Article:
Another view on childhood poverty
To the Editor:
In last week’s edition of The Smoky Mountain News the editor gave us his thoughts of the bill in Congress to address childhood poverty by giving middle-income and low-income families $300 or $250 per child per month (until the child reaches 18 years of age in the original plan).
Since then Congress passed the bill with a modified plan that will increase the child tax credit from what it is currently but the plan will terminate after one year. The editor is a supporter of the increased child tax credit plan and the continuation of it indefinitely.
I disagree with his position on the overall effects this plan to address childhood poverty. I am not an expert on this subject but there are many groups and organizations that do study it full time and whose opinions and positions we should embrace. One of them is the American Enterprise Institute (AEI), whose poverty studies group produces a free biweekly email newsletter on the subject with not only their conclusions but also those of other experts in the field of poverty in this country. I encourage SMN readers to subscribe to that newsletter. It will give you a new appreciation for the complexities of poverty and the unintended consequences of anti-poverty government programs. They also occasionally include articles about attempts to measure poverty more accurately called Supplemental Poverty Measure and Consumption Poverty.
SMN Editor Scott McLeod provides us the statistics on poverty which is strictly based on a measurement of the household income. He questions how a family of four can “make it work” on $504 per week which is the poverty threshold. He fails to mention what’s called the poverty safety net of existing government programs that effectively raises the family “income” substantially. These include: EITC (Earned Income Tax Credits), SNAP for food, TANF for temporary cash assistance, HUD housing assistance programs, Pell Grants to help pay for college costs, Child Nutrition pays for school breakfast and lunch, LIHEAP – Low Income Home Energy Assistance Program, and 6 others for a total of 13 programs plus Medicaid. The obvious point is that the real income of families utilizing these programs is much higher than their income from their employment. Plus, there are state programs and local charities. Taxpayers can take some comfort in knowing that the 13 federal programs plus Medicaid cost approximately $827 billion in fiscal year 2020 per the federalsafetynet.com website. Our commitment to addressing poverty through these federal programs is substantial and a positive reflection of our compassion as a society for our neighbors in need.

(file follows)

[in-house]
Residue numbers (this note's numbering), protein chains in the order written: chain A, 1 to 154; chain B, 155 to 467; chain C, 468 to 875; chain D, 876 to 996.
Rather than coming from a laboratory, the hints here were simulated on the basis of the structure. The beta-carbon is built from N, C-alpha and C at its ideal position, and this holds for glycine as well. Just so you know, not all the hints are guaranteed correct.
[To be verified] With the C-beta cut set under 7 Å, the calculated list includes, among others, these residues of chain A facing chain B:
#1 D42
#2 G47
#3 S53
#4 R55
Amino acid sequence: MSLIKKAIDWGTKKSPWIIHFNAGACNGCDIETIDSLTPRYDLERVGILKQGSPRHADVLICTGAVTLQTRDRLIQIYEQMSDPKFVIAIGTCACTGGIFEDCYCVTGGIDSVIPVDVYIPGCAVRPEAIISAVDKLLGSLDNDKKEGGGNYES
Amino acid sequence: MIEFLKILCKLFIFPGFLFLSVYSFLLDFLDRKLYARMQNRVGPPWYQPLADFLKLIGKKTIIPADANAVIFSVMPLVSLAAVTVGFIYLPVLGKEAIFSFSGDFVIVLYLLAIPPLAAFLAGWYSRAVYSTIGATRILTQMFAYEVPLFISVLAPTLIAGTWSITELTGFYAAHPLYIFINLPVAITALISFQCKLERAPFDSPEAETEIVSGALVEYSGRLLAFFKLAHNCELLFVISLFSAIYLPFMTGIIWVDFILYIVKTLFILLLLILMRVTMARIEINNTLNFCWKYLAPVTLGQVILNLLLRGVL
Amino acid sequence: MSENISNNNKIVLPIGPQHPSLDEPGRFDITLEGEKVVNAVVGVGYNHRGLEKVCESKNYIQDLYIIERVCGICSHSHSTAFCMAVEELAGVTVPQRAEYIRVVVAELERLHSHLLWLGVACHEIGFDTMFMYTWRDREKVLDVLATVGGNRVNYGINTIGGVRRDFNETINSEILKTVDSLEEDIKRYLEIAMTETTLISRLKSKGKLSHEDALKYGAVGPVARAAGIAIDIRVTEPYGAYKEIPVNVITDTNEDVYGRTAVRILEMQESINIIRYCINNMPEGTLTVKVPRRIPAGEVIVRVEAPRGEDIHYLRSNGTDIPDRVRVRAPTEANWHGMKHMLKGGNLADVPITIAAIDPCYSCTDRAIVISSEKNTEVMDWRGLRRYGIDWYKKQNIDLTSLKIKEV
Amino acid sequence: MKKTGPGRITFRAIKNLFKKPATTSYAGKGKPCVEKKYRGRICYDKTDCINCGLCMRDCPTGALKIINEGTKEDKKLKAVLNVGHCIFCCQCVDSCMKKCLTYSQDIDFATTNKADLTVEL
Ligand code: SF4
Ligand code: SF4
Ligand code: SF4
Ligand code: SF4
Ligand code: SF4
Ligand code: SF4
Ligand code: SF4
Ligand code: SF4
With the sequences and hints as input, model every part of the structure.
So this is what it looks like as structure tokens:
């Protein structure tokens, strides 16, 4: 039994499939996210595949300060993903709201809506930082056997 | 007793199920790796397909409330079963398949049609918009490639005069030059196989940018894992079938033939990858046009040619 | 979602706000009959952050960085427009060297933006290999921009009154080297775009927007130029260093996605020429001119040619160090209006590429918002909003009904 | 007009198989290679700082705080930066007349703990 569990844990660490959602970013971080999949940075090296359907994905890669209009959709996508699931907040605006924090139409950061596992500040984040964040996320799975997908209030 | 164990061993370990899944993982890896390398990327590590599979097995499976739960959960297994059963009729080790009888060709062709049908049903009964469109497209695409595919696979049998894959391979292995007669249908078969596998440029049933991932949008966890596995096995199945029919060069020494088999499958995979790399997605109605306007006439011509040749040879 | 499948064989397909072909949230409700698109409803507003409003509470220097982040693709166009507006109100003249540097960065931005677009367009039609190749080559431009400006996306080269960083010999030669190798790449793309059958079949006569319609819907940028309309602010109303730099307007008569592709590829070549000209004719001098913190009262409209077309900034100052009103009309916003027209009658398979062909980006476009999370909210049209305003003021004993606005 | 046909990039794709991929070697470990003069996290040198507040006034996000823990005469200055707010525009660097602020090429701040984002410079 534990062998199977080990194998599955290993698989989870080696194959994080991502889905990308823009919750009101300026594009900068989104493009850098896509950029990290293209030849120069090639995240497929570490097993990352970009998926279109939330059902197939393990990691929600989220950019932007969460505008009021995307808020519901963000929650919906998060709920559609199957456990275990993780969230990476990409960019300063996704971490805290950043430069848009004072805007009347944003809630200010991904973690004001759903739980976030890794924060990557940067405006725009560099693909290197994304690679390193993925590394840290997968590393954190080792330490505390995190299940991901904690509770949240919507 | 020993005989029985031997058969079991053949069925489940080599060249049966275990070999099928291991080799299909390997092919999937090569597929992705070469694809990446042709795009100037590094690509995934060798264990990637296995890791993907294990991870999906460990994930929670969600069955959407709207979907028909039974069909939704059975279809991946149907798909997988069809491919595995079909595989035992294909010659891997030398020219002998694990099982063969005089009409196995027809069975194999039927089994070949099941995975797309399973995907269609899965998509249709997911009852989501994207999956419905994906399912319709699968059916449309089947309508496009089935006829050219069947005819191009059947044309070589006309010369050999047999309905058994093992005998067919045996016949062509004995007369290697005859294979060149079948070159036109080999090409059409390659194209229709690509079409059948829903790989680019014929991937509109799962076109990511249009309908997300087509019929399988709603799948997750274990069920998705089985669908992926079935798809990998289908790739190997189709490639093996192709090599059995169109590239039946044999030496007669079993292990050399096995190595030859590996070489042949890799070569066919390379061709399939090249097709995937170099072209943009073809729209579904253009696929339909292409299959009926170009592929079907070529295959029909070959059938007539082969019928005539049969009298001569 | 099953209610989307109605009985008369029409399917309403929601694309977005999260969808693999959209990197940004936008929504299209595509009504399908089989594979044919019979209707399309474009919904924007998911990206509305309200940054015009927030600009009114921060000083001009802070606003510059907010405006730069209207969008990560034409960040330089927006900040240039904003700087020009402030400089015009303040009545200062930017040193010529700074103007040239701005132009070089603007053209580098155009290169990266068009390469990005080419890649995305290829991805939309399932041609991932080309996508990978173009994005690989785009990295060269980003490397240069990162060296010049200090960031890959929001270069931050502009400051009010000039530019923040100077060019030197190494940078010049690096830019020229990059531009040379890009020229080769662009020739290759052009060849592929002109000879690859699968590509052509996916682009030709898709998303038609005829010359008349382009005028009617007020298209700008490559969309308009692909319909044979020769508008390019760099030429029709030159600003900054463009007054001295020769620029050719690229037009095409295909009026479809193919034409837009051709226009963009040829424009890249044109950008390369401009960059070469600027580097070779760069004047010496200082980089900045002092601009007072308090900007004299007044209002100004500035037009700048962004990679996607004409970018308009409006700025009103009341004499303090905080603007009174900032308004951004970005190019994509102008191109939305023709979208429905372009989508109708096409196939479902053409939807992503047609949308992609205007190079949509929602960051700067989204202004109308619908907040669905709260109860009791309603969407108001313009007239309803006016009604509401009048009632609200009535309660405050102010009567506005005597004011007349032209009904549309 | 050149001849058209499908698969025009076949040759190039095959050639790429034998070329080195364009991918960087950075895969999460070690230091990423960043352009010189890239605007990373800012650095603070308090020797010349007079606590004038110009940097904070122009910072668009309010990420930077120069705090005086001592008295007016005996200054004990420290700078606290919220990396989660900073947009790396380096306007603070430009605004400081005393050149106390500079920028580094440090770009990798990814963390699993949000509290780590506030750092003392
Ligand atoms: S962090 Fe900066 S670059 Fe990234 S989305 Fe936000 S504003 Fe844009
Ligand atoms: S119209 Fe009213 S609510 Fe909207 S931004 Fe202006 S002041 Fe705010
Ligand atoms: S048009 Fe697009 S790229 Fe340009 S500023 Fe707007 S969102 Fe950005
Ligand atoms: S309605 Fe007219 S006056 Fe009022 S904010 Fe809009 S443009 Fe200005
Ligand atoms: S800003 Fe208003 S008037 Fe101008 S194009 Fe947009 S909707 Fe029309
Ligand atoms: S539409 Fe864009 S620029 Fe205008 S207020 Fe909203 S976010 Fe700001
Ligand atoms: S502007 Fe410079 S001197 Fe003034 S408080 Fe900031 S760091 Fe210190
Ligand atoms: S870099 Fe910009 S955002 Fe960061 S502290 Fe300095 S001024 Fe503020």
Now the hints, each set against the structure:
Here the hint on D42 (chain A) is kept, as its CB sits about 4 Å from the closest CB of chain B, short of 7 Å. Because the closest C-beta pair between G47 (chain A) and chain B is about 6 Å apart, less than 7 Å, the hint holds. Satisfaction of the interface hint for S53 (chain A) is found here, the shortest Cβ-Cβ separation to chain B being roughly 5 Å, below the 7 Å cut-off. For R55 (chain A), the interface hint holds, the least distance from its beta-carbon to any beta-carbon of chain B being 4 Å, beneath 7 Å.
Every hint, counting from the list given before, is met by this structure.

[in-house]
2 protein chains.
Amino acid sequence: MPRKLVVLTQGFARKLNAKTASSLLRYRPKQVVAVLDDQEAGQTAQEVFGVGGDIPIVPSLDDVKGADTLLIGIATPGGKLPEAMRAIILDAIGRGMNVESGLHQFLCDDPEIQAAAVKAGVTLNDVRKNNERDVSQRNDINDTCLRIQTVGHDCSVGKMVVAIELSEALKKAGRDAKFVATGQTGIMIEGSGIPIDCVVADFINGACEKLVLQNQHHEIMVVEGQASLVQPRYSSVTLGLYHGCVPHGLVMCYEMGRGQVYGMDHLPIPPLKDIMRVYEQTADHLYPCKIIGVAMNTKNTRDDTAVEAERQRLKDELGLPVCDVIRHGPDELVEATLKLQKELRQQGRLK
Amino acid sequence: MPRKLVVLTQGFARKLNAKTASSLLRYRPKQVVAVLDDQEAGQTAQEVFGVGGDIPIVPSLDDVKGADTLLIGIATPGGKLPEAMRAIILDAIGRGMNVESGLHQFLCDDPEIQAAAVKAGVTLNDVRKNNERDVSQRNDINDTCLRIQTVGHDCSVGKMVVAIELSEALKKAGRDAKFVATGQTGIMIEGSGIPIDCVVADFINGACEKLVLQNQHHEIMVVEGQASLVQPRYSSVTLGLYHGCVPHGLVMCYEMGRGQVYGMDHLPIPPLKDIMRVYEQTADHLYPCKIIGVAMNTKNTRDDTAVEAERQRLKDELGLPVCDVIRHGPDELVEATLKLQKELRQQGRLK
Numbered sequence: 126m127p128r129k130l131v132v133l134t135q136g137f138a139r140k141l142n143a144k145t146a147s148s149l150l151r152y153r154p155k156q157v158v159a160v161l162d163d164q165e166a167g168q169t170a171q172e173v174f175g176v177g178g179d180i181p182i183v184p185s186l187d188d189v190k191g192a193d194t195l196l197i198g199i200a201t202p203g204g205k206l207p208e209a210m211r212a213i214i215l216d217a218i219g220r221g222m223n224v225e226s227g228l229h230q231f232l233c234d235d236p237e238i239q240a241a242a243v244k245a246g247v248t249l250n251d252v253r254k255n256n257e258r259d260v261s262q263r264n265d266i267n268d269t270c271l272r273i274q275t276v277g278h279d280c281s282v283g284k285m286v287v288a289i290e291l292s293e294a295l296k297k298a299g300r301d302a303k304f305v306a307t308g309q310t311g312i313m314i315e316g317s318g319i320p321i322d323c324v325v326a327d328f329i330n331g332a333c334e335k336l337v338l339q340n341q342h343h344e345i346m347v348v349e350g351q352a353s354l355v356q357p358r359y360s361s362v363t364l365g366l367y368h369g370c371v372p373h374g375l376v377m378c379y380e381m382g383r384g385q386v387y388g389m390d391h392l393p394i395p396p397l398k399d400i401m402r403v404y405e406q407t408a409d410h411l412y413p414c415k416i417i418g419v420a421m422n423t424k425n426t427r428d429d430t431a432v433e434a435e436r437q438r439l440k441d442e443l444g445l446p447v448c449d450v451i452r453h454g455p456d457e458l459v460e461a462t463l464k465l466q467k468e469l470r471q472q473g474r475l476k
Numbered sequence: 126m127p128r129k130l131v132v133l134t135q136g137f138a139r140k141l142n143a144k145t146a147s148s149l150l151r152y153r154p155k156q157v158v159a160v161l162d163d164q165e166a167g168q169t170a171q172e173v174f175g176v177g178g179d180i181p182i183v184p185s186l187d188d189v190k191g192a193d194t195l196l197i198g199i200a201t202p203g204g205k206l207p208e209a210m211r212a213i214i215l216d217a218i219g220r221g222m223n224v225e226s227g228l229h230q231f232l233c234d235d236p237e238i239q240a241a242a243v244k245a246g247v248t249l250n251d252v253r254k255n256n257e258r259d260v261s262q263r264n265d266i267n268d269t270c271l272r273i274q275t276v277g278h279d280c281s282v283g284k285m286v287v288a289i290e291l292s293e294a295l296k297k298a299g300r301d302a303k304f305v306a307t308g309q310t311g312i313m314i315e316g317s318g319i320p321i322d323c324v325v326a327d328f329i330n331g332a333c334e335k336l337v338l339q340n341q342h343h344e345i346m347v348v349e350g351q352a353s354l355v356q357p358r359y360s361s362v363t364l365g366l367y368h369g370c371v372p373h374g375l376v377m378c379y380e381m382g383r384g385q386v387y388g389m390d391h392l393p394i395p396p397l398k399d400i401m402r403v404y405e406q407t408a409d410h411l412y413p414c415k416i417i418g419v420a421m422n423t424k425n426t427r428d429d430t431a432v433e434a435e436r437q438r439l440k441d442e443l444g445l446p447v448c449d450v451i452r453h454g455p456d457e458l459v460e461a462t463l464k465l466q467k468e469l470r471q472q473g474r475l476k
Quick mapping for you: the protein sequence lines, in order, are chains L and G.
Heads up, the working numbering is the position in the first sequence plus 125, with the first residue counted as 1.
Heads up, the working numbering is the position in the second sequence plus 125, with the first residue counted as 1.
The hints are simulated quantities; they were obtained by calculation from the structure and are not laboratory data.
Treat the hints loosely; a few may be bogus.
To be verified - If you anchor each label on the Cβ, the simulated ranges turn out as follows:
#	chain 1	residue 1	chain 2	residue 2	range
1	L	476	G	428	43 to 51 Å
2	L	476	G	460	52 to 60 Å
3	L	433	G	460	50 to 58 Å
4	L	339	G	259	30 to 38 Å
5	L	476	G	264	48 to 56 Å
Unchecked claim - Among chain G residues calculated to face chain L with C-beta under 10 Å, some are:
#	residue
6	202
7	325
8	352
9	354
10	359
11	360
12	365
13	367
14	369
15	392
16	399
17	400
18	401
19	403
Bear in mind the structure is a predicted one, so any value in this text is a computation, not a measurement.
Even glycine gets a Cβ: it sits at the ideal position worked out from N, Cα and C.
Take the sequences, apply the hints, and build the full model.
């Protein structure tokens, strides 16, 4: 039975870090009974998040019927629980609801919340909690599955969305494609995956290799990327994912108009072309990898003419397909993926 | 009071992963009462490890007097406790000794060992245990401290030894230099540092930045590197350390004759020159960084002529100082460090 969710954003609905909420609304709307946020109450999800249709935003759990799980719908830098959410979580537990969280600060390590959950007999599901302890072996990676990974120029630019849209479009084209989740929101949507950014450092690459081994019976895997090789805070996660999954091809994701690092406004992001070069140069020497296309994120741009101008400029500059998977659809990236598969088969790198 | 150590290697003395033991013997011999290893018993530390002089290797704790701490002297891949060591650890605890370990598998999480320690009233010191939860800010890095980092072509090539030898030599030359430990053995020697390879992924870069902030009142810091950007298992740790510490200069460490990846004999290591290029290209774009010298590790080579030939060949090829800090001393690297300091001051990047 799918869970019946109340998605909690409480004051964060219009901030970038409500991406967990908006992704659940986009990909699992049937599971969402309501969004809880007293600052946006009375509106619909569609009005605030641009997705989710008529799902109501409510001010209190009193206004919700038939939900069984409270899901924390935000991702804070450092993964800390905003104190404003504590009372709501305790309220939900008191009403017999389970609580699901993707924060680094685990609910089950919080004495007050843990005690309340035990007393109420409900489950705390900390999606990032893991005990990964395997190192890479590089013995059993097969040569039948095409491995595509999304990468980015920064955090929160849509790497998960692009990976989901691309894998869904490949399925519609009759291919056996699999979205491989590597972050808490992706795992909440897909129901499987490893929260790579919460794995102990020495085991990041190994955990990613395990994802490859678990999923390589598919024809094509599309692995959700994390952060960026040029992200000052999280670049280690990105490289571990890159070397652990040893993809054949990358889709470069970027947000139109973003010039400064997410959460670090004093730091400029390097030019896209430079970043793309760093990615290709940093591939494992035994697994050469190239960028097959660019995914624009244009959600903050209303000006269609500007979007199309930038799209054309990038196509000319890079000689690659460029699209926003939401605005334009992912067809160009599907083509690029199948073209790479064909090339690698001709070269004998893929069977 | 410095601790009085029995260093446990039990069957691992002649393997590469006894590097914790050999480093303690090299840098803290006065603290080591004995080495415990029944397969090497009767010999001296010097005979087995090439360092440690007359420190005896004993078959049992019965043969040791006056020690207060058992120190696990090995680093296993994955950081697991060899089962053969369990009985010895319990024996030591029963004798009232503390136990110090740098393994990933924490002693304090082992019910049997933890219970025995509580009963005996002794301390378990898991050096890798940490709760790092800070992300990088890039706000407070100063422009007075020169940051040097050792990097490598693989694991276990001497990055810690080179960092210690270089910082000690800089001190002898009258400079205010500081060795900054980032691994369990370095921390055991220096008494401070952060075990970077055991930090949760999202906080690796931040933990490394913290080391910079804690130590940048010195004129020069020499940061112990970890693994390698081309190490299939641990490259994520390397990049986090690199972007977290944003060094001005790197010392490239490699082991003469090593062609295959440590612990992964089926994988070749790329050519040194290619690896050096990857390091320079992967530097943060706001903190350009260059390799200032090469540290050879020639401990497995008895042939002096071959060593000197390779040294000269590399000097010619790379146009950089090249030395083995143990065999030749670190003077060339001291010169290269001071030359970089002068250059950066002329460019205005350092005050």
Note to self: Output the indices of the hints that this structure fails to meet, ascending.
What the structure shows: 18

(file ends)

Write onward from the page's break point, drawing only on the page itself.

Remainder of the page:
In the column we also learned that 93 percent of U.S. children will receive a benefit under the plan. Wow. So we have a federal government that is $XX trillions in debt and the plan is to add to it by giving cash to middle-income families even though many of them may disagree with unnecessary government spending? And just who would receive the cash? The parents of course. Would they use it for the children? Is it possible that the cash payments to families will result in some parents choosing to stop working or work less?
We have a substantial safety net now for low-income families. And it has been working. U.S. census data shows that before the pandemic the poverty rate was the lowest in history, down from 14.8 percent in 2014 to 10.5 percent in 2019. We don’t need payments to families from the government based on the number of children they have. Instead, our federal government needs to make revisions in the tax code to decrease marginal effective tax rates for low-income workers, reduce tax rates for families, and eliminate marriage penalties in the tax code. At the local and state level our efforts must be focused on employing our able-bodied (and able-minded) neighbors who currently are in poverty. Over the past 60 years we have learned (those who study poverty tell us) the most effective way to decrease child poverty is through jobs and employment of their parents, not government cash programs.